Back to the diversification decision, minimizing transaction costs is regarded of crucial importance for the choice in governance mode. This implies that firms choose between a wholly owned subsidiary, a simple market transaction or a hybrid made, as a joint-venture for example. This trade-off between a joint-venture and other governance modes has been widely researched. Hennart (1991) for example found that; Japanese firms start joint-ventures with U.S. counterparts to combine intermediate inputs when they are subjected to high market transactions costs. This paper uses a relatedness in terms of in-output and can therefore measure the distance in terms of the use of intermediate products between industries. The influence on joint-ventures and partner distance will be discussed at the end of chapter 2. At this point of the paper, it is however important to understand that high relatedness in the use of intermediate products is likely to be caused due to high transaction costs. This would imply that if diversification has a high level of relatedness in value-chain and are thus closely relatedness in terms of vertical relatedness, this is most likely caused by high transaction costs and supports the transaction costs view of diversification..
2.1.2. Knowledge and resource based view
In the resource based view, knowledge (“know-how”) is regarded as the most important production factor within the firm. The origin of the resource based view goes back to the work of Penrose (1959), who inspired the discussion of the resource based view of the firm and the importance of resources to achieve firm growth. Penrose stated that: “the firm is a collection of productive resources (human and non-human) under administrative coordination and authoritative communication that produces goods and services for sale in the market for a profit” (Penrose, 1959, p. xvii).” “The administrative coordination and authorities’ communication define the boundaries of the firm” (Penrose, 1959, p. xvii). The firm specific human resources are regarded as the most important of all resources within the firm. Without these human knowledge, there can be no operating firm. As a result, the firm cannot make decisions, long-term planning, run operations and it can certainly not make any expansions.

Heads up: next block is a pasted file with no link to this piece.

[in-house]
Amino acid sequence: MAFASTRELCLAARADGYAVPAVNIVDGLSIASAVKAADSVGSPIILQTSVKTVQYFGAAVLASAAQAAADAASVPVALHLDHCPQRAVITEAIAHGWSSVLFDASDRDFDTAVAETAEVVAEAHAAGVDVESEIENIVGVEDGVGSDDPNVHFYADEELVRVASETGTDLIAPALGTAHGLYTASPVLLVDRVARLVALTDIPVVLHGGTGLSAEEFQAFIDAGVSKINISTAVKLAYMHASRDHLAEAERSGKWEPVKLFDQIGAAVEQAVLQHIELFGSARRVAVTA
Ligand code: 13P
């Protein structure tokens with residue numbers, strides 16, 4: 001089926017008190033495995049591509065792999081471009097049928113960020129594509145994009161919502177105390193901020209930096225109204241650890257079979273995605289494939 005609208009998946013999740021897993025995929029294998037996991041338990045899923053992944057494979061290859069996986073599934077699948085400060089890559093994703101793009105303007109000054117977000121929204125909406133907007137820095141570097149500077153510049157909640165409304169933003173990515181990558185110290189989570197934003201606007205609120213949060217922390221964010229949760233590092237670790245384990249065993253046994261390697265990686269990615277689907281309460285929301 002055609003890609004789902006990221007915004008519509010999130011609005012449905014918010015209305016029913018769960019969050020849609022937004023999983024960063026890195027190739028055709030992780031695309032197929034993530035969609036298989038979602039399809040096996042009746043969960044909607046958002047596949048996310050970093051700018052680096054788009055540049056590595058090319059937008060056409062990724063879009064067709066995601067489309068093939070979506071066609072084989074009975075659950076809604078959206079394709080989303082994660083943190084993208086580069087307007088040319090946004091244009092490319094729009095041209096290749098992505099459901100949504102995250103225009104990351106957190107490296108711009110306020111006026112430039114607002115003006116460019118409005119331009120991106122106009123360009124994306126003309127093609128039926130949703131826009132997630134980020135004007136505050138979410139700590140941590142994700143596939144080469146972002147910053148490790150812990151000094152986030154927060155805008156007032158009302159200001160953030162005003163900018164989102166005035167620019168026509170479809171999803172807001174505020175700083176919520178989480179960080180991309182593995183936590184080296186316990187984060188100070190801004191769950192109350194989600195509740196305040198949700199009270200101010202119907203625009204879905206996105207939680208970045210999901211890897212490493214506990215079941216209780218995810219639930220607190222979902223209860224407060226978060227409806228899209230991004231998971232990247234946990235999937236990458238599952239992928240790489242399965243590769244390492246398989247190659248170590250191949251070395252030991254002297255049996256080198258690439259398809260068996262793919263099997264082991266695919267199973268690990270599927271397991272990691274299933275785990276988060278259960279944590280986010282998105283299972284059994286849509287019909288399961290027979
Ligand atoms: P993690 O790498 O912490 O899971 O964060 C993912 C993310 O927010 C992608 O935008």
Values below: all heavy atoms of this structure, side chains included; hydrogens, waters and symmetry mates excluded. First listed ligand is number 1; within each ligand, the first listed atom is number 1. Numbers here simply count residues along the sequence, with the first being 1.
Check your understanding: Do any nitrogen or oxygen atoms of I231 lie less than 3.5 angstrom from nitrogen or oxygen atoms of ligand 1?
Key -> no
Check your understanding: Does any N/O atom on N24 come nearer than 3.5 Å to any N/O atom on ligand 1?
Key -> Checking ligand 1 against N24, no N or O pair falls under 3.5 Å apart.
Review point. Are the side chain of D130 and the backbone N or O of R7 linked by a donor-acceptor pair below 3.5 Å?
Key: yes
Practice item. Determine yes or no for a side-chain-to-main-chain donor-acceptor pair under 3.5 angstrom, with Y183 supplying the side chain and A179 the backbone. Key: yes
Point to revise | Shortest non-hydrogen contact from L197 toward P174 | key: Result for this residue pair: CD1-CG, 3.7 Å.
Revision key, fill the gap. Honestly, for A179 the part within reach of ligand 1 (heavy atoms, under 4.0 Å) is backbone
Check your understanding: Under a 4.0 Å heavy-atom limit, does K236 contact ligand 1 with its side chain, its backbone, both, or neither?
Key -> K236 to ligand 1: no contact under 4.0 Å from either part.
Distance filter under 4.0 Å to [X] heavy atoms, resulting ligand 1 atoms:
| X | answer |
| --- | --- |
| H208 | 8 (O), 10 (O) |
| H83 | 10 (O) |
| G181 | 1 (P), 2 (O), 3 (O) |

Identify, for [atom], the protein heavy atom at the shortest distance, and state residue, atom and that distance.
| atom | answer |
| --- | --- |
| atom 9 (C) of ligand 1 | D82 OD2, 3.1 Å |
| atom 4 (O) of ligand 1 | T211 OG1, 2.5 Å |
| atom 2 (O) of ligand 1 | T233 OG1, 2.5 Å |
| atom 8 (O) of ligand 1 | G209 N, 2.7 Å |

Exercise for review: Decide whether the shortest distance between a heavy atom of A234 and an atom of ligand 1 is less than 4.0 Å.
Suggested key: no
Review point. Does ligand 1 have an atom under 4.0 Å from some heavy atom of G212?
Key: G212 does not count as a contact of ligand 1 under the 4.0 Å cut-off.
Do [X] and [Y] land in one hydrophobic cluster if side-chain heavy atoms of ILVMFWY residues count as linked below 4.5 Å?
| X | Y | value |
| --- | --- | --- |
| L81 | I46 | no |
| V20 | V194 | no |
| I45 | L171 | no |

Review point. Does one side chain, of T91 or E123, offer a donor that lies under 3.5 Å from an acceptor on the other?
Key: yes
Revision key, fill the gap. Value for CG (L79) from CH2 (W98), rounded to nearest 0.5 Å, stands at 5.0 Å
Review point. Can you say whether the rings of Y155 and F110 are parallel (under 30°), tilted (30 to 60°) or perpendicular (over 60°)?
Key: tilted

From this point of view Penrose (1959) indentified two major causes of firm growth. First of all, causes external to the firm and secondly those causes that are internal to the firm. “External causes for firm growth, as capital constraints, cannot be fully understood without an examination of the nature of the firm itself” (Penrose, 1959, p. 532). We may therefore conclude that firm growth is endogenous to the firm; this is a result of two reasons mentioned by Penrose (1959). In order to execute plans and strategic action, human capital is required. After completion of the project/action, managerial resources will be released with increased knowledge. These resources gained experience and knowledge during the time of the expansion and can be redeployed at alternative use after the time of the expansion. The redeployed individuals with an increased knowledge and skills might improve efficiency and organization of the firm, but might also be able to development new or specialized services. Depending on the expansion, individuals involved might also gain ‘unique’ knowledge of their experience; this is particularly true for certain forms of tacit knowledge, which are more difficult to transmit.